Special performances have taken place to mark the 150th anniversary of the birth of one of Britain's greatest composers, Sir Edward Elgar.
Elgar, who was born near Worcester, is famous for a string of symphonies and concertos, with Land of Hope and Glory among his best-known scores.
Julian Lloyd Webber performed his Cello Concerto at Worcester Cathedral and later at London's Royal Albert Hall.
Mr Lloyd Webber travelled between the two venues by helicopter.
It is the first time the world-renowned cellist, who is the brother of composer Andrew Lloyd Webber, has performed at two separate locations with such restricted time constraints.
Before his performances he said: "We do not have a huge number of inspirational great composers and of them, Elgar is the greatest so it's an important anniversary for Britain.
"It's a huge challenge to play such an emotional piece twice in one day and in two different locations."
In Worcester, Mr Lloyd Webber was joined by the Royal Philharmonic Orchestra for a special gala anniversary celebration.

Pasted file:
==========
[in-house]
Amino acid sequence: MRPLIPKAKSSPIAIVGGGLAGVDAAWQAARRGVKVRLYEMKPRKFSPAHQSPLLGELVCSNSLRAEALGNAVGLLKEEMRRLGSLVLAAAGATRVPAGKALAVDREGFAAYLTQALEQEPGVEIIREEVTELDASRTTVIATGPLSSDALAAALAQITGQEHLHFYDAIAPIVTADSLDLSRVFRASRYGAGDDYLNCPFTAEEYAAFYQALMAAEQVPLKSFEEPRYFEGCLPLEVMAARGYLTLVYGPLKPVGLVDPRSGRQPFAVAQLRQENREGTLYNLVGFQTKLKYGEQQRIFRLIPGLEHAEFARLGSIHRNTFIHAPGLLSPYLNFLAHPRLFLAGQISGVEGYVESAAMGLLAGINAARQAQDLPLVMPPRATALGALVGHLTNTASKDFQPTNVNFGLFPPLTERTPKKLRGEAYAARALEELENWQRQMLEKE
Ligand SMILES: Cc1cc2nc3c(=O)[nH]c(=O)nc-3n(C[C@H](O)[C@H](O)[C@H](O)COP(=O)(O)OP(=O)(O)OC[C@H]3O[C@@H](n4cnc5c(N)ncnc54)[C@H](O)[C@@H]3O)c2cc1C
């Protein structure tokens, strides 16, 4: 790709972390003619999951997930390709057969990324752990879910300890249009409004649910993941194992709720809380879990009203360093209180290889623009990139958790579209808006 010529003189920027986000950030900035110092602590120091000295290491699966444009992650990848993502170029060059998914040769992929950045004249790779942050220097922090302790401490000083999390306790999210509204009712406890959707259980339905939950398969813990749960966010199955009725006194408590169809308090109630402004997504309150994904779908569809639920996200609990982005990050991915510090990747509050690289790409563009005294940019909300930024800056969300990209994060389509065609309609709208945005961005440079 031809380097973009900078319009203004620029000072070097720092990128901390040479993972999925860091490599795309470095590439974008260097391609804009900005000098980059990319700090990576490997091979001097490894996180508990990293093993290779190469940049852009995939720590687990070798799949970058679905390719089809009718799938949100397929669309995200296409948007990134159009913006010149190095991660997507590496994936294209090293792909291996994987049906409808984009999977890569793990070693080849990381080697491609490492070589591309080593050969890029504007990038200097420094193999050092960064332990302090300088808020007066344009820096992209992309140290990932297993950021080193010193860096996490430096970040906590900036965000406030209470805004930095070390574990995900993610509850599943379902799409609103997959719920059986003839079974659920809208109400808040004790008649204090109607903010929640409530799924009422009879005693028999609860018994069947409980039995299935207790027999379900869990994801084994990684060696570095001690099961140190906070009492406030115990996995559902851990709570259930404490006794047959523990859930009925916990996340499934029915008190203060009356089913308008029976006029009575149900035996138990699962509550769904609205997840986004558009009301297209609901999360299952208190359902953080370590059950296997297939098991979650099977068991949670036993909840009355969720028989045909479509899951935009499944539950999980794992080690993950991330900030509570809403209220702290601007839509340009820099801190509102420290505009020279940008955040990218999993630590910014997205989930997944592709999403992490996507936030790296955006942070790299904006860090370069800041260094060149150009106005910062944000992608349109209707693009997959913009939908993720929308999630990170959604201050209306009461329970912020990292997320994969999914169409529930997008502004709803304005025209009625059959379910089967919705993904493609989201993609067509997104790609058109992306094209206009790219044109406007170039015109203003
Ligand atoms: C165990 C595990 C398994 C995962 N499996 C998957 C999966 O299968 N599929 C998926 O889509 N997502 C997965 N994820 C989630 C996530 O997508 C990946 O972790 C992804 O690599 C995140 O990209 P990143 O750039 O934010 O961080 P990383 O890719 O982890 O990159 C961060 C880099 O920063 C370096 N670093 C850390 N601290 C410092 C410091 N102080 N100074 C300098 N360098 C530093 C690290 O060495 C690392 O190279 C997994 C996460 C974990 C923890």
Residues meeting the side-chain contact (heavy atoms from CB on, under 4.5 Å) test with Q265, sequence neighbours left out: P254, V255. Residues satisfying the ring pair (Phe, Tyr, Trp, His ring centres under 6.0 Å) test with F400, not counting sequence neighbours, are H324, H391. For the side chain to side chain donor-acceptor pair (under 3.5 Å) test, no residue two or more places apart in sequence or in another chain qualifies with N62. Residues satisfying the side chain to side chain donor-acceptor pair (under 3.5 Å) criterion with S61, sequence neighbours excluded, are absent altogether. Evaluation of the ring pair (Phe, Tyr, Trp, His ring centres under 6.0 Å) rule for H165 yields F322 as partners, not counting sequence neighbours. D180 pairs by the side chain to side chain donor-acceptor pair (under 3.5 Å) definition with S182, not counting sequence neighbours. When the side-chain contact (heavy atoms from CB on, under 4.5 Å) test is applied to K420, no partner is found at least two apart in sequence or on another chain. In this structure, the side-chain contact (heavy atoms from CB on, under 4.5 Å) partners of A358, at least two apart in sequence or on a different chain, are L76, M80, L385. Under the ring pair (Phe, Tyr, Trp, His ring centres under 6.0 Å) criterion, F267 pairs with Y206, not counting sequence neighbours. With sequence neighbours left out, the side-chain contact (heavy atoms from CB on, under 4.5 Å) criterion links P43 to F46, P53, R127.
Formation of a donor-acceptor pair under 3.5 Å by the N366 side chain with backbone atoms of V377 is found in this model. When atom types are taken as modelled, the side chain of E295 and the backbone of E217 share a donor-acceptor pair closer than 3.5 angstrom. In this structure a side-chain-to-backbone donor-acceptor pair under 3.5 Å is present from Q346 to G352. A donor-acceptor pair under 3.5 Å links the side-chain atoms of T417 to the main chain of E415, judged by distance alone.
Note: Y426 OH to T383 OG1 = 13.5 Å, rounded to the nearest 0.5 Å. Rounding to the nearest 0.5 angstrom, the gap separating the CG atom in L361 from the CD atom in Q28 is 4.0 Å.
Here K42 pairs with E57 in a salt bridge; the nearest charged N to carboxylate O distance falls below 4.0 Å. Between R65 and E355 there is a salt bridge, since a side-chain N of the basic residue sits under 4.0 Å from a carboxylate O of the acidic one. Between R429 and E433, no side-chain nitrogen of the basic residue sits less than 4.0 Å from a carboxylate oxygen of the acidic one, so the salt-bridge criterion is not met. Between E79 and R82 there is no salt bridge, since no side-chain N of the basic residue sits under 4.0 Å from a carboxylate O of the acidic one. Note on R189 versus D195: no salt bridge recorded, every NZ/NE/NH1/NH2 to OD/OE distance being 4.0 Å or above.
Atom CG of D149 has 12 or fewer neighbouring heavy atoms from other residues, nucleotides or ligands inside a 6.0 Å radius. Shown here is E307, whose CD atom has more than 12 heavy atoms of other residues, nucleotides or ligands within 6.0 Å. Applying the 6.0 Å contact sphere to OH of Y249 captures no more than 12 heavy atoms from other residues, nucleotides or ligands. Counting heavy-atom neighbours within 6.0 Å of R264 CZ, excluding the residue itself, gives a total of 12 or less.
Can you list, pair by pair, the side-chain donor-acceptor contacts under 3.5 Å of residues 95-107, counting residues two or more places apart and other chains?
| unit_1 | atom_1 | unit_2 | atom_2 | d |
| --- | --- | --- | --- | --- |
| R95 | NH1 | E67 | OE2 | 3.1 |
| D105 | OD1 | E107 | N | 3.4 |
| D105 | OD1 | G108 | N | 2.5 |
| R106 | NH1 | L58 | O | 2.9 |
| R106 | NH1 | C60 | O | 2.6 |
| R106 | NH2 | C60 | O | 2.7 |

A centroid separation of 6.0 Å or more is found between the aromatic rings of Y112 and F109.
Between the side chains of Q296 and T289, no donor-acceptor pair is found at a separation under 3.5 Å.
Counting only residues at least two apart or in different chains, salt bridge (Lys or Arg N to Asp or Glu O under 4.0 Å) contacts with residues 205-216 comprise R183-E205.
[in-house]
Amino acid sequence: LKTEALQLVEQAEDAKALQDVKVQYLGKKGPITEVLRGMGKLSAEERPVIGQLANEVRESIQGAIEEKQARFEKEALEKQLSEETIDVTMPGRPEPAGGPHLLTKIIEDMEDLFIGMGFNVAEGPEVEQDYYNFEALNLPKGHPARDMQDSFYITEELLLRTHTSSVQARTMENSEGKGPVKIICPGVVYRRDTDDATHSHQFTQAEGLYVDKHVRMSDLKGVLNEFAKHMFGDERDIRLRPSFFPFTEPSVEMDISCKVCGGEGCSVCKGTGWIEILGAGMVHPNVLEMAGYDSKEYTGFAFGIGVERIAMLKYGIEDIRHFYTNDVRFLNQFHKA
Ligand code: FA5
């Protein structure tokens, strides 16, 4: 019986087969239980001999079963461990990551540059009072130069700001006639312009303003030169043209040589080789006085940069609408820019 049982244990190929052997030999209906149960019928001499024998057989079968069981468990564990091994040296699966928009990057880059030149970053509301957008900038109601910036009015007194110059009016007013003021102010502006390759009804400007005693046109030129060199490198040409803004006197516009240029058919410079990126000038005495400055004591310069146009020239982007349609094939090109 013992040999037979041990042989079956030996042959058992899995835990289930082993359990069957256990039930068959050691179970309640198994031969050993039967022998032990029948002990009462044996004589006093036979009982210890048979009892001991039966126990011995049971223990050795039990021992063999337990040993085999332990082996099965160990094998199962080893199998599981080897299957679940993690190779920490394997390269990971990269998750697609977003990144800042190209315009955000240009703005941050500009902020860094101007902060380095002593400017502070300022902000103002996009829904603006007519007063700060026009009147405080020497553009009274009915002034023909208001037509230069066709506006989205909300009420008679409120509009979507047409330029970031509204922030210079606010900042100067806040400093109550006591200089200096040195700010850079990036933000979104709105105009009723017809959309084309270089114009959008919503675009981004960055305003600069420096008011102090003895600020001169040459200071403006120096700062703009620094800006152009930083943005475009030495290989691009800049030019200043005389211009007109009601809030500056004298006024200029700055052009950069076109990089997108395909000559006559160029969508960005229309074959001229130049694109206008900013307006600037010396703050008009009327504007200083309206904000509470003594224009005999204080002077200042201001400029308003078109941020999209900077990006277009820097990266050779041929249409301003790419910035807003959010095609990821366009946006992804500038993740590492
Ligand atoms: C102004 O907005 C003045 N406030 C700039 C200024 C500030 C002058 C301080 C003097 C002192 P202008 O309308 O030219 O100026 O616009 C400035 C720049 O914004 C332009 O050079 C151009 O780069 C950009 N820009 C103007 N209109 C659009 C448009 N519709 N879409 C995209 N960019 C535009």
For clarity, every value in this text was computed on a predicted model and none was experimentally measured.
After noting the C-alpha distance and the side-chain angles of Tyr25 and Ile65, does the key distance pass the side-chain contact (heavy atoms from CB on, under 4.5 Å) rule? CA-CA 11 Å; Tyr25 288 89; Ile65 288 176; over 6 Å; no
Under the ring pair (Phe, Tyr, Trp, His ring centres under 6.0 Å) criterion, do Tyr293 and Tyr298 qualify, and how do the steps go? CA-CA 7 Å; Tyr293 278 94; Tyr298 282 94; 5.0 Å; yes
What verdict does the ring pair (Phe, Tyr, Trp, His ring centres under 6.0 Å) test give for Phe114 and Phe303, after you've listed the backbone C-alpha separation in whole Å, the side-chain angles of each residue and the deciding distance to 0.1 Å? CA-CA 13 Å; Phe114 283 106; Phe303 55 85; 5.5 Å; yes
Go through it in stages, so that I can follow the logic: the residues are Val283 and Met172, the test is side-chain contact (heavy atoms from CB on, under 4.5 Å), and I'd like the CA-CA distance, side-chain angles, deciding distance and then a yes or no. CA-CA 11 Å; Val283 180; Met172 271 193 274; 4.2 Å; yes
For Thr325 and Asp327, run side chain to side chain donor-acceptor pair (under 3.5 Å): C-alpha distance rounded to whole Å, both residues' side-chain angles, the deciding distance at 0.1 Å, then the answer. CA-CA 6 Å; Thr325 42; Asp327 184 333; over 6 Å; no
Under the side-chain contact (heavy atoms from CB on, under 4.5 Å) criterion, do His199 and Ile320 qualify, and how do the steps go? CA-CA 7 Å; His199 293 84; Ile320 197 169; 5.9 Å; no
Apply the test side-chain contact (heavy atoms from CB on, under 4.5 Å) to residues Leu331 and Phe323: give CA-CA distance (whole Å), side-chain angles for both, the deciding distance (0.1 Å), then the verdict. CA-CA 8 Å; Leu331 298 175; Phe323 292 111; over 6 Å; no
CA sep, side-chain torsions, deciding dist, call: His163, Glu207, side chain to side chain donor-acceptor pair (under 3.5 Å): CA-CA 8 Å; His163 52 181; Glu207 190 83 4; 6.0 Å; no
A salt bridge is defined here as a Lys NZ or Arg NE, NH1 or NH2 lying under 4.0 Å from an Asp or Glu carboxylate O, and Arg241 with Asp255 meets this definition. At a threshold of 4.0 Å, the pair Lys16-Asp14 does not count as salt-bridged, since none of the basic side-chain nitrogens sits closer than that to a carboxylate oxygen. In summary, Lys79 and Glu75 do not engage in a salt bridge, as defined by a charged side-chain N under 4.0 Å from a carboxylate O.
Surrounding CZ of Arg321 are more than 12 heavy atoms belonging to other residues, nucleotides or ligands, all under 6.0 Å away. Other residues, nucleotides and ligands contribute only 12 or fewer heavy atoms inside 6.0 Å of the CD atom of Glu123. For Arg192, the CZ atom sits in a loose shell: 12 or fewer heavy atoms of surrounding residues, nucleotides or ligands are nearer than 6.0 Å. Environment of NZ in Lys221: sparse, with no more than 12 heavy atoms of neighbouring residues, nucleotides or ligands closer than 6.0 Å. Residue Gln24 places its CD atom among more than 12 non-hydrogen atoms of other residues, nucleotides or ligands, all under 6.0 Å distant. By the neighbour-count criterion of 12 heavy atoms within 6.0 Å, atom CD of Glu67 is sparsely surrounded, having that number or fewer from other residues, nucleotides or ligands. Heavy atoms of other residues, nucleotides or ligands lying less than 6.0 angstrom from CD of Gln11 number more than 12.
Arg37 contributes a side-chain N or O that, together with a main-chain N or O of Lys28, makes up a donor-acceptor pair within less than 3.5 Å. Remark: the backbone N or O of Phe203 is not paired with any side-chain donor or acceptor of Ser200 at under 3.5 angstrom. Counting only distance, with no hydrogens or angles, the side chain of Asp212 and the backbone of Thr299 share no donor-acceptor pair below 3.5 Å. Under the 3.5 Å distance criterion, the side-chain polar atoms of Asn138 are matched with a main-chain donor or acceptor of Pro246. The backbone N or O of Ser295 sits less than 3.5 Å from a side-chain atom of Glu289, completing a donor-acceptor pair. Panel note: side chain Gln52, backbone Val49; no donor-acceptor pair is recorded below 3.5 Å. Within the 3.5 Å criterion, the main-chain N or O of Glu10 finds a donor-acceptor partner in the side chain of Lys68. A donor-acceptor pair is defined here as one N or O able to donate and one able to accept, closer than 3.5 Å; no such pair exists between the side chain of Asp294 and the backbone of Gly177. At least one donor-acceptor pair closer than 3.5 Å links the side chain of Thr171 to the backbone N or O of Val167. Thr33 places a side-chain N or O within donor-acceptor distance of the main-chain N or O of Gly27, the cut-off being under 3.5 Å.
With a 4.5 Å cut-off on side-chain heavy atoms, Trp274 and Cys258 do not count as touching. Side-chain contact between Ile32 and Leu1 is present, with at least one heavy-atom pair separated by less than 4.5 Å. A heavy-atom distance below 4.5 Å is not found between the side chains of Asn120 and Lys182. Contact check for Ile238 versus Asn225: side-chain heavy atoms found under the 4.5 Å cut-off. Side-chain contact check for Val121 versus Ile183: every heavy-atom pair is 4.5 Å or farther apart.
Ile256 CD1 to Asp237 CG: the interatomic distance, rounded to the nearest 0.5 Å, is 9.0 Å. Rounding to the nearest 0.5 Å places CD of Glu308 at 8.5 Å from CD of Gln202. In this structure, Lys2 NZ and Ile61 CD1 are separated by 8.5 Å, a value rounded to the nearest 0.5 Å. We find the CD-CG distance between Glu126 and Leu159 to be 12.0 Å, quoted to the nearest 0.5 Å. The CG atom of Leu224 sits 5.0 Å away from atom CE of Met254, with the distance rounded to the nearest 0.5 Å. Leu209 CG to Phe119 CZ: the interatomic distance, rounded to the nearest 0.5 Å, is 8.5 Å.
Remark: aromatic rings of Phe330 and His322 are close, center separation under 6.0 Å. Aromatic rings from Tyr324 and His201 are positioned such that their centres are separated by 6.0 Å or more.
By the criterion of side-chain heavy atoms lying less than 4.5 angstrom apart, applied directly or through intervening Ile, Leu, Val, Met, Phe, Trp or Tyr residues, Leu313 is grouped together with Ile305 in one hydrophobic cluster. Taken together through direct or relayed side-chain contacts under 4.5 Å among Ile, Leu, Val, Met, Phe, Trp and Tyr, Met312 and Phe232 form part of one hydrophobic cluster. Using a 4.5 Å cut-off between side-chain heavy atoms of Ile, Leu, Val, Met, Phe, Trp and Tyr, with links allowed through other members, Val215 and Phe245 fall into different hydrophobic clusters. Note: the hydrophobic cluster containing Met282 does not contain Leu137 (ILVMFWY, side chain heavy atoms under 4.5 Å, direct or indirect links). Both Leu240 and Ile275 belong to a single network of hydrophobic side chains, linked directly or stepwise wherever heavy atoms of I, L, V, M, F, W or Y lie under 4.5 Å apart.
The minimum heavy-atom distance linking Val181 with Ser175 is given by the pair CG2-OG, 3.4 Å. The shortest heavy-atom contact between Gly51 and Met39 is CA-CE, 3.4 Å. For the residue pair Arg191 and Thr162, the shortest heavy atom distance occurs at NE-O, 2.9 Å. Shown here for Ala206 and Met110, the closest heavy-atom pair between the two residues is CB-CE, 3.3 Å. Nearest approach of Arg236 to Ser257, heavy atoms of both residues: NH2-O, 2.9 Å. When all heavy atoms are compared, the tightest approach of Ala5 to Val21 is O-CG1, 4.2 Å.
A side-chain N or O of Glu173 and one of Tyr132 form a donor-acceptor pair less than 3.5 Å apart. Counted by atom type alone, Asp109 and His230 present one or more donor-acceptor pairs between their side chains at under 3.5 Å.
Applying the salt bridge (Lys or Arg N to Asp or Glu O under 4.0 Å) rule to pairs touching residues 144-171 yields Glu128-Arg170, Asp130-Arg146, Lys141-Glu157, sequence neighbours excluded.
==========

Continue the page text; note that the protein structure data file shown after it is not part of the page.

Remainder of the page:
Elsewhere, the City of Birmingham Symphony Orchestra and Chorus performed Elgar's three oratorios at Symphony Hall, Birmingham.
Elgar, who was born in Broadheath, a village three miles from Worcester, was largely a self-taught composer, and is said to have studied music manuscripts in the countryside on his own as a boy.
He grew up surrounded by music - his father, a tradesman, owned a music shop and was a piano tuner.
Elgar, who also taught the violin and played the organ, married one of his pupils, Caroline Alice Roberts, in 1889.
He died in 1934 - the same year as two other English composers - Gustav Holst and Frederick Delius.